While the future of the organisation stands in limbo, its message on Twitter was powerful and simple: “These doors stay open.”
Lena Dunham speaks to a crowd at a Hillary Clinton campaign office in January. Photo: Scott Eisen/Getty The Lenny Interview: Lena Dunham interviewed Hillary Clinton in September 2015. Photo: Lenny Letters/ Youtube
After actively campaigning for Hillary Clinton during the US election, actress Lena Dunham has penned an essay, urging people not to agonise, but organise, saying now is not the time for minorities to understand the mindset of Donald Trump voters.
The creator and star of the HBO series Girls, who labelled a Trump victory “unconscionable” during the “Emergency Election Edition” of her podcast Women of the Hour last week, has taken to her corresponding site, Lenny Letter, to reflect on her year and a half of campaigning and to lament Clinton’s loss, before delivering a striking call to action.
“As horrifying as I found Donald Trump’s rhetoric, as hideous as I found his racism and xenophobia, as threatening to basic decency as I found his demagogue persona, I never truly believed he could win,” Dunham penned.
Reflecting on the campaign’s culmination of her experience and built friendships, Dunham pointed out that being a staunch supporter of Clinton subjected her and others to vitriol and threats online.
“We wanted a female president. We wanted guaranteed control over our own bodies. We wanted equal pay. That made us nasty. That made us targets,” she wrote.
“Now, more than ever, our power is in numbers and in our refusal to accept the idea that our leaders intrinsically know what’s best for us, better than the people we meet every day.”
She continues by detailing the “worrying” behaviour she witnessed in the days after the election including, “watching a little girl cry, wondering if her mother would be deported” and listening to an African-American reporter ask “how to explain to his sons, ‘You tell them, over and over again, not to be a bully or a bigot, to respect women, to be kind, that’s how you get ahead. And now a bully is the president. How do you explain that?”‘
“In this new reality, we have all been radicalised. It’s no longer a word for those living on the fringes. It’s a word for everyone who walks in pain with the results of this election, who feels their identity being crushed under the weight of the half of the country who voted for a man who denounces and denies the basic rights of women, the queer community, immigrants, Muslims, people of colour and the differently abled. We’ve been radicalised and therefore we’ve been deputised to do our parts.
“What that means will become clearer over the coming months, and we will all have to use the tools we have to speak for ourselves, but moreover speak for the voiceless, the people who can’t demand change for fear of very real and violent losses. Those who are gagged by the system Donald Trump proposes.” Like so many of you I have been gutted, breath taken in the worst way, by the results of this week’s election- a sadness like a death or a separation, crushing and fresh every hour. But in the words of the immortal Flo Kennedy we most organize, not agonise. My thoughts up now on @lennyletter- link in bio. AND: if you wonder why comments are disabled on this post? I refuse to take any more verbal abuse, threats of violence, taunts, jabs at my body, my family, my humanity. I refuse not just for me but for all of us. Across many intersections, we are done. There is no space left- the caverns of begrudging acceptance have been emptied and filled with fight. Just like she would want. Just like all the those who have fought for us would demand.A photo posted by Lena Dunham (@lenadunham) on Nov 11, 2016 at 8:59am PST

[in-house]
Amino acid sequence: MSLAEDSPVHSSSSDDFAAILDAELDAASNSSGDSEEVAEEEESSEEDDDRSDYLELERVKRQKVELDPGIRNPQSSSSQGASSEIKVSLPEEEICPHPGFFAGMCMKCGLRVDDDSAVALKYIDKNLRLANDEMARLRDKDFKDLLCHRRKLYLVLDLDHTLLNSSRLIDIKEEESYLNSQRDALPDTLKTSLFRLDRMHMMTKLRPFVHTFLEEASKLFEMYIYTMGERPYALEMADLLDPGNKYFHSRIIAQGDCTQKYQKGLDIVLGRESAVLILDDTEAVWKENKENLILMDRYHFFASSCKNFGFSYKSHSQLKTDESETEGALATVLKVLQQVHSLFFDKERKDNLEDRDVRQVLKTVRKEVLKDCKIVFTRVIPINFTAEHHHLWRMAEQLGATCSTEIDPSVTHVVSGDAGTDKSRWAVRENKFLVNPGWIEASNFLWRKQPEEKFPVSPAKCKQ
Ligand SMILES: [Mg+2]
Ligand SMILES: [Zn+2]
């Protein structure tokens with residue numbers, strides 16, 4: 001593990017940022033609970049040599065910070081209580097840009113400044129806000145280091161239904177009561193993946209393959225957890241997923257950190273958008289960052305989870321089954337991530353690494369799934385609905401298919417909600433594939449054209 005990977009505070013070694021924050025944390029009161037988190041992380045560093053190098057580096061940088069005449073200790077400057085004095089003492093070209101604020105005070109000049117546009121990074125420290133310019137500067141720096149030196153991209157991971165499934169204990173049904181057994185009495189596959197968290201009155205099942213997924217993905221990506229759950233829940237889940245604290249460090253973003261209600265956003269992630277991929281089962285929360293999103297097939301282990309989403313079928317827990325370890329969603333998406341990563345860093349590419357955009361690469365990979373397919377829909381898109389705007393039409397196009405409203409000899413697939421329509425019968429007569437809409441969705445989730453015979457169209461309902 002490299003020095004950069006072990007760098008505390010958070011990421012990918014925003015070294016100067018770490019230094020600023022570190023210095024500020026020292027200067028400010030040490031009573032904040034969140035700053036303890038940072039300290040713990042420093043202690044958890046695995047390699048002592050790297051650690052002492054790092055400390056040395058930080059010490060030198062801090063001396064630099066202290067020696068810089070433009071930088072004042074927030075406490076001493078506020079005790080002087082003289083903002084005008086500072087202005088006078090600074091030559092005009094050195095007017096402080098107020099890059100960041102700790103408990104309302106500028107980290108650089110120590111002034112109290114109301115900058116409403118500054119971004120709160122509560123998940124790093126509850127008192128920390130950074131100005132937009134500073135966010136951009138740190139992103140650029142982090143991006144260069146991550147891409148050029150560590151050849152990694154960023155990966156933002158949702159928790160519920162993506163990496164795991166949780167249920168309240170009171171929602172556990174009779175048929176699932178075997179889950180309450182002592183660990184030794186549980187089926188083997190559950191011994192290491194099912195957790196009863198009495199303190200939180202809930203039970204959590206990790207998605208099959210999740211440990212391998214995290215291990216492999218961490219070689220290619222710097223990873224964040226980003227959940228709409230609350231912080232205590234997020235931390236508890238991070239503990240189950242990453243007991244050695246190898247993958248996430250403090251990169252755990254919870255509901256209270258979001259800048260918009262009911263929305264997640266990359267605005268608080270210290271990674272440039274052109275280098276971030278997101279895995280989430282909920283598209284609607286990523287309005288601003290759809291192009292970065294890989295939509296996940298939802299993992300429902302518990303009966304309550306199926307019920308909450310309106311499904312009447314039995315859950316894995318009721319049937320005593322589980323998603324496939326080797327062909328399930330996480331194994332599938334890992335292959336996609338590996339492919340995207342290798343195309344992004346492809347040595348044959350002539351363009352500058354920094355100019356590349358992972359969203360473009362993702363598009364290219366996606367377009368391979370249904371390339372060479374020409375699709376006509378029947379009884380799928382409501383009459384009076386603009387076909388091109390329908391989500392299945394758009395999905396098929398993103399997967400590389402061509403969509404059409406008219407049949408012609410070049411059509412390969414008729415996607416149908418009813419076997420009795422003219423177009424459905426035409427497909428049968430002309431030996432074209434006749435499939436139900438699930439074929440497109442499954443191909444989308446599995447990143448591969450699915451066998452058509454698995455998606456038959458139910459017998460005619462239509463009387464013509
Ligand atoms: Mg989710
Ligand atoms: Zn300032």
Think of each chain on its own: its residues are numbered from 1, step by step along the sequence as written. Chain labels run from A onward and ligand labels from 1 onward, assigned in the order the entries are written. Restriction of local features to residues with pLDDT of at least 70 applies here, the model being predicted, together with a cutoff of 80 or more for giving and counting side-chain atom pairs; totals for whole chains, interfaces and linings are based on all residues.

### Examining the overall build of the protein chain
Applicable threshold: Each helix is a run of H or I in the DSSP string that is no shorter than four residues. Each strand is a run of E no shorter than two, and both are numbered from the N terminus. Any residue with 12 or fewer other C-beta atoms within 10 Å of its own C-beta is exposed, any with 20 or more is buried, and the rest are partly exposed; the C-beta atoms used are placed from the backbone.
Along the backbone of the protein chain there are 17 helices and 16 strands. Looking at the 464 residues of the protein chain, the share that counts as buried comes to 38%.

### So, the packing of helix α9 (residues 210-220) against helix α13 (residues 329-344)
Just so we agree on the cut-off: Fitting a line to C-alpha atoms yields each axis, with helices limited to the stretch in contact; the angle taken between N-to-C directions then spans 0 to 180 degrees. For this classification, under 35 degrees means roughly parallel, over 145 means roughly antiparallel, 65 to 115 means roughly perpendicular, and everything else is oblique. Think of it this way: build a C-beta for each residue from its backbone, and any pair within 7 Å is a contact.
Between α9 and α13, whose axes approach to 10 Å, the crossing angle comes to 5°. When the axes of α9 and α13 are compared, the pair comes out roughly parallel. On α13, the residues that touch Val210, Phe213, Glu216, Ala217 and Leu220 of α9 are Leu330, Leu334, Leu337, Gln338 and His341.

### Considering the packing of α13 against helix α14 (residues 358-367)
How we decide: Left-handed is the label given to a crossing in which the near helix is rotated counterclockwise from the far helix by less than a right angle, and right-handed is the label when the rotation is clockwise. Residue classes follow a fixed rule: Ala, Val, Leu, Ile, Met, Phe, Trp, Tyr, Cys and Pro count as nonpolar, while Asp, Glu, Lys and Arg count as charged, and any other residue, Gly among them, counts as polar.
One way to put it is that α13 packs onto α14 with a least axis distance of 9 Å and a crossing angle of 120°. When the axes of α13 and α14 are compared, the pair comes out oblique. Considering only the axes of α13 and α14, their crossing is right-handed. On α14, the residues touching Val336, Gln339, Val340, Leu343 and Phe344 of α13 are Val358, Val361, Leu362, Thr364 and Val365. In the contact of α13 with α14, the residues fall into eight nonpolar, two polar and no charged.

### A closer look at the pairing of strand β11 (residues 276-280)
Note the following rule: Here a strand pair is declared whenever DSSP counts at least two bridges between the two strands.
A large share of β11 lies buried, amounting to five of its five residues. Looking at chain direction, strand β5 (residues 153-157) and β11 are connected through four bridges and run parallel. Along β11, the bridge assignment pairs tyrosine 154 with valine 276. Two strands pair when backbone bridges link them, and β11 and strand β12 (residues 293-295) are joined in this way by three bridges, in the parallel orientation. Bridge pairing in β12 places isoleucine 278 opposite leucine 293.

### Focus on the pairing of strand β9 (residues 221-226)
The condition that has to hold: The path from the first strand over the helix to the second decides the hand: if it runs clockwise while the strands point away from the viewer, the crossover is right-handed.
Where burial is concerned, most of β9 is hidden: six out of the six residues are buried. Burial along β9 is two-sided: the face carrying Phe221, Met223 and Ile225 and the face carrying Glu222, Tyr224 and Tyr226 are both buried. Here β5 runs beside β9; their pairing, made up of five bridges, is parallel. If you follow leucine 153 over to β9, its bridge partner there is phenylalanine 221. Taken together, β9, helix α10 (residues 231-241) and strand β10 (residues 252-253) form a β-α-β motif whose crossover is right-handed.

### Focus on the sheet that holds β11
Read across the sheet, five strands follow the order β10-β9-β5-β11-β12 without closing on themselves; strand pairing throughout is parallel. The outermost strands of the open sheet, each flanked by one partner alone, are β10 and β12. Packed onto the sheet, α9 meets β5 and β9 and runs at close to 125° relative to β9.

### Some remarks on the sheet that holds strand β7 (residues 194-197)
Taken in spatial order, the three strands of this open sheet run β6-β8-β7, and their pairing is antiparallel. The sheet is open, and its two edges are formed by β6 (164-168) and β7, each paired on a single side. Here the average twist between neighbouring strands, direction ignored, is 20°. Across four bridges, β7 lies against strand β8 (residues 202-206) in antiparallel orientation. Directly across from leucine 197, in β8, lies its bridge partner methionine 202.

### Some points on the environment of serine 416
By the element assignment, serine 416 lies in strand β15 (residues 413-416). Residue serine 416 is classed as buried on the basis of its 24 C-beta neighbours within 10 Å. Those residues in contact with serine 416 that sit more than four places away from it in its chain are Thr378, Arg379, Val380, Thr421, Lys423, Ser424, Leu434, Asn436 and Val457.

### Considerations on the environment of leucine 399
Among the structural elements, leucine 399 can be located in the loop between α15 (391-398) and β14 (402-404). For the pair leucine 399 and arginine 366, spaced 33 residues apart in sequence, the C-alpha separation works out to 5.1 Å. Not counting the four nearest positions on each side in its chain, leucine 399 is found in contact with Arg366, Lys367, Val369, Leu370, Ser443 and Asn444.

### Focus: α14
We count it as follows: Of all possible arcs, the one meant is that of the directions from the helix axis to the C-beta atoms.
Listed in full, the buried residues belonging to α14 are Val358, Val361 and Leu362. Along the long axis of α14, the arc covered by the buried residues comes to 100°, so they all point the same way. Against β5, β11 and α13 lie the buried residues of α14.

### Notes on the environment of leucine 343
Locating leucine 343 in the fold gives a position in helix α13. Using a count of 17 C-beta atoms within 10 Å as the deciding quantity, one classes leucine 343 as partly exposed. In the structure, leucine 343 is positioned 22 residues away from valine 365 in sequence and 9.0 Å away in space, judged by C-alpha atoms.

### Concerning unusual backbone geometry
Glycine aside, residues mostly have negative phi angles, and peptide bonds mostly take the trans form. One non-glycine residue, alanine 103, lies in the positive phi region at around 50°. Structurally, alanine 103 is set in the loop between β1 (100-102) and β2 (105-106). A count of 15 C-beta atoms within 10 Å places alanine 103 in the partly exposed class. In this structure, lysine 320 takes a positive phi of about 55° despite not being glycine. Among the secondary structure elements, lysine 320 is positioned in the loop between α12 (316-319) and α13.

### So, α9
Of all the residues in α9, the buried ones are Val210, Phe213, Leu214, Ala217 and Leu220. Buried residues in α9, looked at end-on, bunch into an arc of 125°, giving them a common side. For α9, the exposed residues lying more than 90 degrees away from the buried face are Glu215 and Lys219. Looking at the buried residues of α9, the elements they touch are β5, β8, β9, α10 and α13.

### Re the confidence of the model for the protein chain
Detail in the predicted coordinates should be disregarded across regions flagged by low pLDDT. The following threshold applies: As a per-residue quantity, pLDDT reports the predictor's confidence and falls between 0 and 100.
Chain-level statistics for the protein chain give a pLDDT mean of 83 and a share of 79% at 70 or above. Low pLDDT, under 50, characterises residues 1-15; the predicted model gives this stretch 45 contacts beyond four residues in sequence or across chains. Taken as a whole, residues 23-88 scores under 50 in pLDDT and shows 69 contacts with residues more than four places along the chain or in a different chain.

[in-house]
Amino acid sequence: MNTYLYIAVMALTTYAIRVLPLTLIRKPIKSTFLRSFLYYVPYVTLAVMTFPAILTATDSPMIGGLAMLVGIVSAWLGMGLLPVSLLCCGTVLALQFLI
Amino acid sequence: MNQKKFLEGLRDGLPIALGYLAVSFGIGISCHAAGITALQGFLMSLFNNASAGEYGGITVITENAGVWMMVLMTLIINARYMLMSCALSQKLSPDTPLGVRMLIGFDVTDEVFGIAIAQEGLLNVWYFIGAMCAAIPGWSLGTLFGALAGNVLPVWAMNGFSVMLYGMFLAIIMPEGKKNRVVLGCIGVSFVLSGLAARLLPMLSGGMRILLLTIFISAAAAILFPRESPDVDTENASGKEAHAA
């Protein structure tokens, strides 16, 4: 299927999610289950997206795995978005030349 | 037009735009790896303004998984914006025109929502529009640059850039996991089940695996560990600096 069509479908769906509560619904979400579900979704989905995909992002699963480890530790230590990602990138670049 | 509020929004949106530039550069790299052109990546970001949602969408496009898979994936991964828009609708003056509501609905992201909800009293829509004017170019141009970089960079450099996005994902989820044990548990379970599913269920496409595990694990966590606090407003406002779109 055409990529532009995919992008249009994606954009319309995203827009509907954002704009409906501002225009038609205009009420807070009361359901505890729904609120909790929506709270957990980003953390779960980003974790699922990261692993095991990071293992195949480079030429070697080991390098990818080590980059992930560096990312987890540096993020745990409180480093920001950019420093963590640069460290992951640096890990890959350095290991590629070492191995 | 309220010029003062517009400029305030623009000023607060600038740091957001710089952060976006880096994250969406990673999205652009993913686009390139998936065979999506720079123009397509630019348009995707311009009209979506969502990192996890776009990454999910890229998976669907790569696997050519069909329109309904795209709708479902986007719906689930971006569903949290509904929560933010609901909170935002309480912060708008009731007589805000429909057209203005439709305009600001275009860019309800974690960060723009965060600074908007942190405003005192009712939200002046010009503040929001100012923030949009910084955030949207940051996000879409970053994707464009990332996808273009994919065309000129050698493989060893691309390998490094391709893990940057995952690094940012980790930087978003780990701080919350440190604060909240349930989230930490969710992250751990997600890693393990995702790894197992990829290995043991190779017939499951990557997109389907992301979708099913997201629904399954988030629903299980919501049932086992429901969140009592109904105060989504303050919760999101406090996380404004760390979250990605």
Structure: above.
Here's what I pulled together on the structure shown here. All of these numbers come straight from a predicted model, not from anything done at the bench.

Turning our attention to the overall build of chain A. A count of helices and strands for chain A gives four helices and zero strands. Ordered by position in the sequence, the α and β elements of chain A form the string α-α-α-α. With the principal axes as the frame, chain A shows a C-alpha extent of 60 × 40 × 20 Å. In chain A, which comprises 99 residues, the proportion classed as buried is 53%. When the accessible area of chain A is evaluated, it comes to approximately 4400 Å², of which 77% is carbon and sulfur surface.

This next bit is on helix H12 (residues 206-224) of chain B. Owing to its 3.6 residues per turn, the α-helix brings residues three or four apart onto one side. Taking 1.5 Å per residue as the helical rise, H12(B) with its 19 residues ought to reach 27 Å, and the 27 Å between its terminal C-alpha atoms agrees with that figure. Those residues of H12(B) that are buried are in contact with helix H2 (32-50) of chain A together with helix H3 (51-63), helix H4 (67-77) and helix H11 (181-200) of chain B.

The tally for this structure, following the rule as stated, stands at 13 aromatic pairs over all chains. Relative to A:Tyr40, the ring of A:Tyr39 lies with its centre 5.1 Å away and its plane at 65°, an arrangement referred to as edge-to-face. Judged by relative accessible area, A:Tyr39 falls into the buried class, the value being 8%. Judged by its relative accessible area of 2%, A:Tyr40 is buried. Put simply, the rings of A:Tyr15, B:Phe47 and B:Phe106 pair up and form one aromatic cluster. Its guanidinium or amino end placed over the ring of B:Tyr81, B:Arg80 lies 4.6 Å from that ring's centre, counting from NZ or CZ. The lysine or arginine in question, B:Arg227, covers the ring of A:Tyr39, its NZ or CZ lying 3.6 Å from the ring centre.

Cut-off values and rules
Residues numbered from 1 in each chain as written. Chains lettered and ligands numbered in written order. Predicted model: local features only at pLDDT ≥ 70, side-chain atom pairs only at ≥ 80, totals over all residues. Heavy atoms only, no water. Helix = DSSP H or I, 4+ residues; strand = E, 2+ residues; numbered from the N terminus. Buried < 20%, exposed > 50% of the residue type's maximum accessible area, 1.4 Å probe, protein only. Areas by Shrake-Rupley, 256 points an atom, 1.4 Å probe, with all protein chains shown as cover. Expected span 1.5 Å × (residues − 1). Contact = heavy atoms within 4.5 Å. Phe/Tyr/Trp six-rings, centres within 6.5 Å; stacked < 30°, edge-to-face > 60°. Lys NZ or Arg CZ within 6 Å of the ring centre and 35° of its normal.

Dunham borrowed the concept of “don’t agonise, organise” from championed African-American activist, feminist and lawyer, Florynce Kennedy, proving the fight for change is just as important now as it has been over previous decades. Using similar quotes from various influential women throughout the essay, including Clinton herself, Dunham noted the power of millennials rejecting Trump and where she sees the movement moving forward.
“Our generation says no, as do first-time voters, to what this man and his presidency represent. We reject, wholesale, his brand — any brand — of hatred and bigotry. We are the generation with the strongest and most vast understanding of identity politics yet. We recognise intersections and contradictions and want to make room for them in people and in government. Our hearts are open, but our resolve is strong. We want to create a different kind of America than has ever existed. America will not be great until it fulfils its promise of liberty and justice for all.”
After thanking Clinton for her campaign and 30 years of political service, Dunham concluded the letter with a strong call to action, saying that the work isn’t complete, “it is only the beginning”.
“Thank you, Hillary, for bravely taking every shot and standing tall, for weathering assaults from every direction, for telling us that no, this wasn’t politics as we know it. Thank you for showing our daughters something beautiful to aspire to. Thank you for reminding us what we are capable of when we are focused and ferocious. Thank you for 30 years of that. Thank you for not abandoning us now,” she wrote.
“We will stun ourselves with what we are capable of. We will laugh with surprise like kids who finally threw a punch back at the schoolyard bully. We will watch our friends in awe as they step forward and demand more, as they recognise and wield their politicised identities. We will not be governed by fear. We will show our children a different way. We will go home like shooting stars.”
Dunham also took to Instagram after being criticised for her comments on plans to leave America if Trump claimed victory.